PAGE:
How to Build a Humane Workplace

by Jody Ordioni

How to Build a Humane Workplace?

In the growing digital age, where computers and virtual chatrooms are replacing real-time interactions, workplaces are increasingly feeling mechanical. It is not easy to make workplaces more humane in this age. However, businesses that tap into the soul of their employees are likely to receive greater loyalty from the employees. Here are a few steps that you can take to make working hours more enjoyable:

Ensure that Process Doesn't Hold Back Collaboration

The process is the foundational stone on which the edifice of business stands. Process, in itself, as an entity is not problematic or wrong. In fact, an argument can be made that it is the single most important thing that drives effectiveness and efficiency in any organization.

However, a counterargument also suggests that excessively systemizing the workplace can have an adverse effect on the well-being of your employees. By rendering your business model, a monolith, you are actively harming your employees. Your company is not a machine and your employees are definitely not cogging, in the said machine. They cannot keep on working tirelessly, bound by stifling conditions.

Micromanaging your staff and calling it process does more harm than good. Employees have to be provided with a platform to showcase their individual creativity. If you want to harness the individual creativity of your employees, while also building team spirit, then collaboration is the best way forward.

Forming teams and then allowing them to work flexibly to approach solutions will foster a great sense of team spirit. A workplace environment that lays emphasis on team building and interpersonal relationships is a good workplace to be in.

The flexibility of Roles and Responsibilities

Business leaders would like to believe that they are in control of the circumstances in the company always; however, that is seldom the case. Nowhere is this more apparent than when a new hire does not turn out as per their prediction. The perfect employee is often a myth. The hidden strengths and weaknesses of your employees are the reason why it is important to ensure that the staff is agile and flexible.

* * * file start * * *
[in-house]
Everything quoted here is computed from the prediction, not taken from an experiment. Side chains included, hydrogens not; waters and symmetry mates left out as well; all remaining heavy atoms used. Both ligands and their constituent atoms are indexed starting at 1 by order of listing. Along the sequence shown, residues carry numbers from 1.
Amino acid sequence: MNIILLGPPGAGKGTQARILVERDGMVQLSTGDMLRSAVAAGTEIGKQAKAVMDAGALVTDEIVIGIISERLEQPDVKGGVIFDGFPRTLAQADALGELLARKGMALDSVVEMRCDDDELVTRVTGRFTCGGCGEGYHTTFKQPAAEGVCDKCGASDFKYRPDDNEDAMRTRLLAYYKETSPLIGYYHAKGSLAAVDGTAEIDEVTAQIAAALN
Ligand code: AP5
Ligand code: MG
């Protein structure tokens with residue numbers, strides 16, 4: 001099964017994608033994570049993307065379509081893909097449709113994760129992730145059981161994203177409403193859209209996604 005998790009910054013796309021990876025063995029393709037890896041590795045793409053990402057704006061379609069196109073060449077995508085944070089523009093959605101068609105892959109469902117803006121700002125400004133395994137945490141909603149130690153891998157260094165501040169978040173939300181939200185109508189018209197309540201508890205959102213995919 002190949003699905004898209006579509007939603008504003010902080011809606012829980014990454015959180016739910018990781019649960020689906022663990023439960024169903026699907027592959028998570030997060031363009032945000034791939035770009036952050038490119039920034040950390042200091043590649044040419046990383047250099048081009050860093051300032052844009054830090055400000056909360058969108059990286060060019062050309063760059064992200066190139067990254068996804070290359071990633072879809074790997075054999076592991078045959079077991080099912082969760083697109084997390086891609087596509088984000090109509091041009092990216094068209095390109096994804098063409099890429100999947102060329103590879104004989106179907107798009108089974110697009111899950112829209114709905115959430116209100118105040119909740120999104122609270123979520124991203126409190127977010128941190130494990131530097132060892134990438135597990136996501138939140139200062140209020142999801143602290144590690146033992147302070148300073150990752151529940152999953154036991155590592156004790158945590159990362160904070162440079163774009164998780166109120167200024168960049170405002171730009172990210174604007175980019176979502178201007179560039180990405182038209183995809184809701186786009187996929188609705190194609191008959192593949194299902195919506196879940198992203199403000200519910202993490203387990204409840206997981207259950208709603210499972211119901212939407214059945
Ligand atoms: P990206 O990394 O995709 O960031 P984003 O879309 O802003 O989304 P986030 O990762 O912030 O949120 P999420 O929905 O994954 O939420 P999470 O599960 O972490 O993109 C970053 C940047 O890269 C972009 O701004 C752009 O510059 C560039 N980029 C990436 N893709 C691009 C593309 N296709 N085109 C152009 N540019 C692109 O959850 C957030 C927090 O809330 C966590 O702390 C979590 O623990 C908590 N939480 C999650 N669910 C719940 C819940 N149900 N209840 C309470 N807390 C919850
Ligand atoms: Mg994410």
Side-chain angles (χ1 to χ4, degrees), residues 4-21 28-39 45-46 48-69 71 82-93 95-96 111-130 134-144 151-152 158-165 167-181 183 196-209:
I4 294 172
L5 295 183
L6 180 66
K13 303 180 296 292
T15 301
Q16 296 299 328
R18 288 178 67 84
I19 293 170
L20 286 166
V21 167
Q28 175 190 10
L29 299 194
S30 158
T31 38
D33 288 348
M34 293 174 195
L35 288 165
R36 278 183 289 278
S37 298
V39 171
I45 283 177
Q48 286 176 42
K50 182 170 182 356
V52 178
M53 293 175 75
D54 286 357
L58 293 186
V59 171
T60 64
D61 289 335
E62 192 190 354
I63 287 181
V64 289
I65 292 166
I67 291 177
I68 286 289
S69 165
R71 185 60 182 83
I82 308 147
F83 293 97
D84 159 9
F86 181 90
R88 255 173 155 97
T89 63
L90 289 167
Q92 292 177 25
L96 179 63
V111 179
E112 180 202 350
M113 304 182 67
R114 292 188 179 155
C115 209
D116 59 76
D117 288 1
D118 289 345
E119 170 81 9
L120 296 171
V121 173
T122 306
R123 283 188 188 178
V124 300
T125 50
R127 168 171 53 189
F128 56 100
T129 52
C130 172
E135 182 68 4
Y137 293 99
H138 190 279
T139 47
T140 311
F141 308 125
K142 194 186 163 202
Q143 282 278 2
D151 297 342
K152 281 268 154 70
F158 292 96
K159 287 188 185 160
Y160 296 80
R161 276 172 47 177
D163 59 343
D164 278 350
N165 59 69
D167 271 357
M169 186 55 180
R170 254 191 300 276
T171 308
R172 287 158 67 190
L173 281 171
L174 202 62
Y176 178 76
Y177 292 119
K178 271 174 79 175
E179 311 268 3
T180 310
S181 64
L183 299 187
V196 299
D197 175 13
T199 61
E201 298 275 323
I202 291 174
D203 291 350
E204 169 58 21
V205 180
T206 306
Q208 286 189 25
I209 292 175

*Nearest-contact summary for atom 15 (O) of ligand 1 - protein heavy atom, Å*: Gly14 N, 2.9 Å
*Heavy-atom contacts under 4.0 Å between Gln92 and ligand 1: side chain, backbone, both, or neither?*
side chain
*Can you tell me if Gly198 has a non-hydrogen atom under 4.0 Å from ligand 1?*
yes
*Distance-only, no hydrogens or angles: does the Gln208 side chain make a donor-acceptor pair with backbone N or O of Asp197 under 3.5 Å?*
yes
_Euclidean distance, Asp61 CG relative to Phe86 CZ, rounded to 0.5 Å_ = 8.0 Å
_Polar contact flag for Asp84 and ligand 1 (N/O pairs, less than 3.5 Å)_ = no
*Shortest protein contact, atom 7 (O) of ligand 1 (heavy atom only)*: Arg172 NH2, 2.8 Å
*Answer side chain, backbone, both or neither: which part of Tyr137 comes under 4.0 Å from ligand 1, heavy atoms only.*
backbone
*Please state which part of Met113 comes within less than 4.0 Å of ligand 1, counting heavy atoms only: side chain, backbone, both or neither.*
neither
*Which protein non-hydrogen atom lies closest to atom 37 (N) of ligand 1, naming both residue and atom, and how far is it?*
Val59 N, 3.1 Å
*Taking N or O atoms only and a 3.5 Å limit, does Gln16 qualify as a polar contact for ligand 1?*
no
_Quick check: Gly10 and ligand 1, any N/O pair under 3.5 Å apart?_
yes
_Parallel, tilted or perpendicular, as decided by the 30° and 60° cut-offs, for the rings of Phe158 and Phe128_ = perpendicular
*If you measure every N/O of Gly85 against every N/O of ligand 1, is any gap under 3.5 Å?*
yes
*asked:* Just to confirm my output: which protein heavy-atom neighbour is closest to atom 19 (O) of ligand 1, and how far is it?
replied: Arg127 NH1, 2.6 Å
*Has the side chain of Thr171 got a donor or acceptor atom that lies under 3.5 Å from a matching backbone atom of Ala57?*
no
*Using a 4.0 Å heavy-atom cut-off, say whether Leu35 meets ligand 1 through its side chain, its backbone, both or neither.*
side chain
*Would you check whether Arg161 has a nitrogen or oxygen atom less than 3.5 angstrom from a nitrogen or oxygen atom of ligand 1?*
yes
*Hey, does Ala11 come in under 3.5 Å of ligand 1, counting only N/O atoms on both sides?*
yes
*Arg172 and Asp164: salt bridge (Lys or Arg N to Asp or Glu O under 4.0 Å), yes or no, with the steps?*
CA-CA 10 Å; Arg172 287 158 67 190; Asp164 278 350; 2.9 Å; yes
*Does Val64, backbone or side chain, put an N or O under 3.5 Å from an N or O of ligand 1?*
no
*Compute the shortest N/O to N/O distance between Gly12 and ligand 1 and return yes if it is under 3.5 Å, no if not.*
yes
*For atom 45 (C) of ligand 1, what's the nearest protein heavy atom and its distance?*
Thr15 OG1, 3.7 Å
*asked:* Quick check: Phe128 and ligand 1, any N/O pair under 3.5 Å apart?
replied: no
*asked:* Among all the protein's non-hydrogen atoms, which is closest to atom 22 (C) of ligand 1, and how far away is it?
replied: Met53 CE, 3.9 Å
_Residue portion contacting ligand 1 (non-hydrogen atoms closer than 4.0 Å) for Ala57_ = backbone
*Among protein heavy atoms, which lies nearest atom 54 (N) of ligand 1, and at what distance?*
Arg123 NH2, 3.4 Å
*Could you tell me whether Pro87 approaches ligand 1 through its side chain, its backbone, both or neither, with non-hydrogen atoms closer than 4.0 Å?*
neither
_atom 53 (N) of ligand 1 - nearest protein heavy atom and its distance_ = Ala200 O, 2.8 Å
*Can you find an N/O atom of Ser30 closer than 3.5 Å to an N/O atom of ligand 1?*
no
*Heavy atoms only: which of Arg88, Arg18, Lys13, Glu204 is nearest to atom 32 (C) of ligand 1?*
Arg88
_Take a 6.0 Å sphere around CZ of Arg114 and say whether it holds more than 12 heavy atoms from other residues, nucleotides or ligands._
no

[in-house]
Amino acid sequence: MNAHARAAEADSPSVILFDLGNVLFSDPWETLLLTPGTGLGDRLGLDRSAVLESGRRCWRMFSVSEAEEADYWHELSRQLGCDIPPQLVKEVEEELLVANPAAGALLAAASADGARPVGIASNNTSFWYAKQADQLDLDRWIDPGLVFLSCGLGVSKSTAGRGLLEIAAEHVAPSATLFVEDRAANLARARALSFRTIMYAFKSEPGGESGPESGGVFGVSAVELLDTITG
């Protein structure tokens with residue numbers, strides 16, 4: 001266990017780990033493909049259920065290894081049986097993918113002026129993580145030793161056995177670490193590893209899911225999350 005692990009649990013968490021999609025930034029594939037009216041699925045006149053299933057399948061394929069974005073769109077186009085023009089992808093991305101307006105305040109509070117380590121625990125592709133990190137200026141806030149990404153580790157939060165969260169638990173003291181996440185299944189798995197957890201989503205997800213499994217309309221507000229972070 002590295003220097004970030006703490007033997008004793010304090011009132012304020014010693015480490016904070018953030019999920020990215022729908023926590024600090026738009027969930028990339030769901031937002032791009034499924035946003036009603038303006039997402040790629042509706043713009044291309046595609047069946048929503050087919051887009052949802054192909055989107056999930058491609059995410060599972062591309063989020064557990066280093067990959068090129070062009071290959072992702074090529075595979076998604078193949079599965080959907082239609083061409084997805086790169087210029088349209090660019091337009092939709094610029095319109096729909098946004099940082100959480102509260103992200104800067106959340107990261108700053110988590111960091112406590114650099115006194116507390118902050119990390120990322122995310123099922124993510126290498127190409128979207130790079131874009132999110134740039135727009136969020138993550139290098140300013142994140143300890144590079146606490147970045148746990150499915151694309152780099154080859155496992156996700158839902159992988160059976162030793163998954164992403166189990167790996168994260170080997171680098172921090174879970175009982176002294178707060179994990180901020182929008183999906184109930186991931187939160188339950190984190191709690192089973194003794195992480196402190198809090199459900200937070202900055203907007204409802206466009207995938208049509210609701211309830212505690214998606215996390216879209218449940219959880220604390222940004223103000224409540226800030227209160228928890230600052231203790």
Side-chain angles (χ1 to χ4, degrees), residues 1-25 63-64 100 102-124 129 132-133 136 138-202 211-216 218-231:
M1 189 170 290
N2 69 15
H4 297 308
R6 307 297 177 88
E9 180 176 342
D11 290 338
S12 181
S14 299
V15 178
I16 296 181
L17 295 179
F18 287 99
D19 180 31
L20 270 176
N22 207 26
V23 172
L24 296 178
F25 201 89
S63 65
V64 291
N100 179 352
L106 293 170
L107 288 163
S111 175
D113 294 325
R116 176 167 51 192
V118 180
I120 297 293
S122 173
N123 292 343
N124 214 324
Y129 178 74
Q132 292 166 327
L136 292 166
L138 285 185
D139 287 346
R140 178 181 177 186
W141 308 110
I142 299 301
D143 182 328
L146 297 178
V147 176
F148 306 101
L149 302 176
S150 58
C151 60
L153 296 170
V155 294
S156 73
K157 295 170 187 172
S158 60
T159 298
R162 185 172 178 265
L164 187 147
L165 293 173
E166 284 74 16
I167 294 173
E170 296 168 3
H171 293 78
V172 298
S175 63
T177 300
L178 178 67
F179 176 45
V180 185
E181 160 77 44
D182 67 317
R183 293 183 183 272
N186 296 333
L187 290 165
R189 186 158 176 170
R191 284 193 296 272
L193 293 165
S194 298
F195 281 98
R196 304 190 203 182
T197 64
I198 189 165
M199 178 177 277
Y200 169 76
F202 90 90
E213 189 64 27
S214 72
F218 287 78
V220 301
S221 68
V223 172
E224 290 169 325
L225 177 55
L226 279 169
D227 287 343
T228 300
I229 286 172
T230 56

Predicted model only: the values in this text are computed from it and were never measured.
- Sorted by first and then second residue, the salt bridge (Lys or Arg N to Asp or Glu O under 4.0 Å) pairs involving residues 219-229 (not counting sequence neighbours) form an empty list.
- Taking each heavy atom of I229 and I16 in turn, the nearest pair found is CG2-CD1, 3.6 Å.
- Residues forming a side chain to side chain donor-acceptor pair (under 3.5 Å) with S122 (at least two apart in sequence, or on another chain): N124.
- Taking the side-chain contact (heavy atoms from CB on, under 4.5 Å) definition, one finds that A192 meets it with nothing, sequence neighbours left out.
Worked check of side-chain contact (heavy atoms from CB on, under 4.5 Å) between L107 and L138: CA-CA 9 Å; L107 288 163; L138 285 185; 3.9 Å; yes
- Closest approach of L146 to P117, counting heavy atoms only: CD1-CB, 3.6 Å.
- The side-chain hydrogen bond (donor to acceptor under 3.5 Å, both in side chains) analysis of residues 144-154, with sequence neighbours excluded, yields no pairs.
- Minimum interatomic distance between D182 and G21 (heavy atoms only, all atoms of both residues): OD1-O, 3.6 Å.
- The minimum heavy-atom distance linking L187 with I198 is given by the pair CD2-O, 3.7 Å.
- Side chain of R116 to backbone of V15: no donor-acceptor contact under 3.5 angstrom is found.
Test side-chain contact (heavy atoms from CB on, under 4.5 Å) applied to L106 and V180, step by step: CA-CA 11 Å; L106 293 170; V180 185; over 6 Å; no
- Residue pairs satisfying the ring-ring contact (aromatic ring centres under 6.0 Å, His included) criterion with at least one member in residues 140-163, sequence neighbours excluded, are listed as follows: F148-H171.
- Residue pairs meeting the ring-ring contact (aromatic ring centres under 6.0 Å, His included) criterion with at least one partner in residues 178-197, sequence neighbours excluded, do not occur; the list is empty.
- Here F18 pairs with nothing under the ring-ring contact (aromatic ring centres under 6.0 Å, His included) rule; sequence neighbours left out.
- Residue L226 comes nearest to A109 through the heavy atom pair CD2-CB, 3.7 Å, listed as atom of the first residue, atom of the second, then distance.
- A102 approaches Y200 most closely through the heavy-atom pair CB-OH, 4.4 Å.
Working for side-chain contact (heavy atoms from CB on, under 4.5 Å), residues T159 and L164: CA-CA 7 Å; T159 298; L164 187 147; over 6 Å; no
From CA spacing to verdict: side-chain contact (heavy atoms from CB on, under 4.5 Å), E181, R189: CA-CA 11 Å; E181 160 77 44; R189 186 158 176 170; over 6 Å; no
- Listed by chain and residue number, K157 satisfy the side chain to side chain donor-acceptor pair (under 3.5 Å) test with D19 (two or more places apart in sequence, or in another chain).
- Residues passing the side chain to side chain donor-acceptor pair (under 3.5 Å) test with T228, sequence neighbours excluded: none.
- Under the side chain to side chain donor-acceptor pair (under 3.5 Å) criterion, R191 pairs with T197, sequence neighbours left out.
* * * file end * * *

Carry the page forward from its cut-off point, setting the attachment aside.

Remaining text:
The needs of a company change on a day-to-day basis. The staff of the company is talented enough to tackle these challenges through the different prisms of perspectives they bring to the discussion table. To tackle any arising challenge, it is imperative to bring the right people to the table first and then decide what role they will fulfill to reach to a solution.

By imparting responsibility to other employees, you are engaging all facets of their knowledge and personality. This allows them to reinvent their roles in the company and help in problem-solving. People are talented in multiple fields and utilizing their potential in new ventures can also reinvigorate your company.

Acknowledge that Employees Have Lives Outside of Work

Each and every employee does not subscribe to the same ideals of marrying their work or treating their projects as their babies. In fact, many employees have actual spouses and children that they need to take care of. Humanizing the workplace means that employees have to be seen as people, firstly. No one is asking you to go snooping around. However, effective and responsible leaders ensure that they are acquainted with the going-on in their employee's life, especially if the event is significant. Forming bonds with your employees results in better loyalty, engagement, and even productivity.

This becomes even more important now that technology is becoming more incorporated in the workplace, and the pandemic has shifted the office to a virtual space. Bear in mind that employees are more than the display box in Zoom chats. They are creative individuals, and if their individuality is not acknowledged, they might move to other opportunities.

Instead of bearing the brunt of this disengagement, you can retain employees by letting employees collaborate, being more flexible in the workspace, and recognizing the major life events of employees.

The Bottom Line

The cost of losing out on employees is immense, and as it stands, only 34% of employees feel engaged with the work they are doing. Recognizing the worth of your employees is a step to bettering this statistic. Employees are not just workers and should be seen as people first. Work environments have to be made more human.

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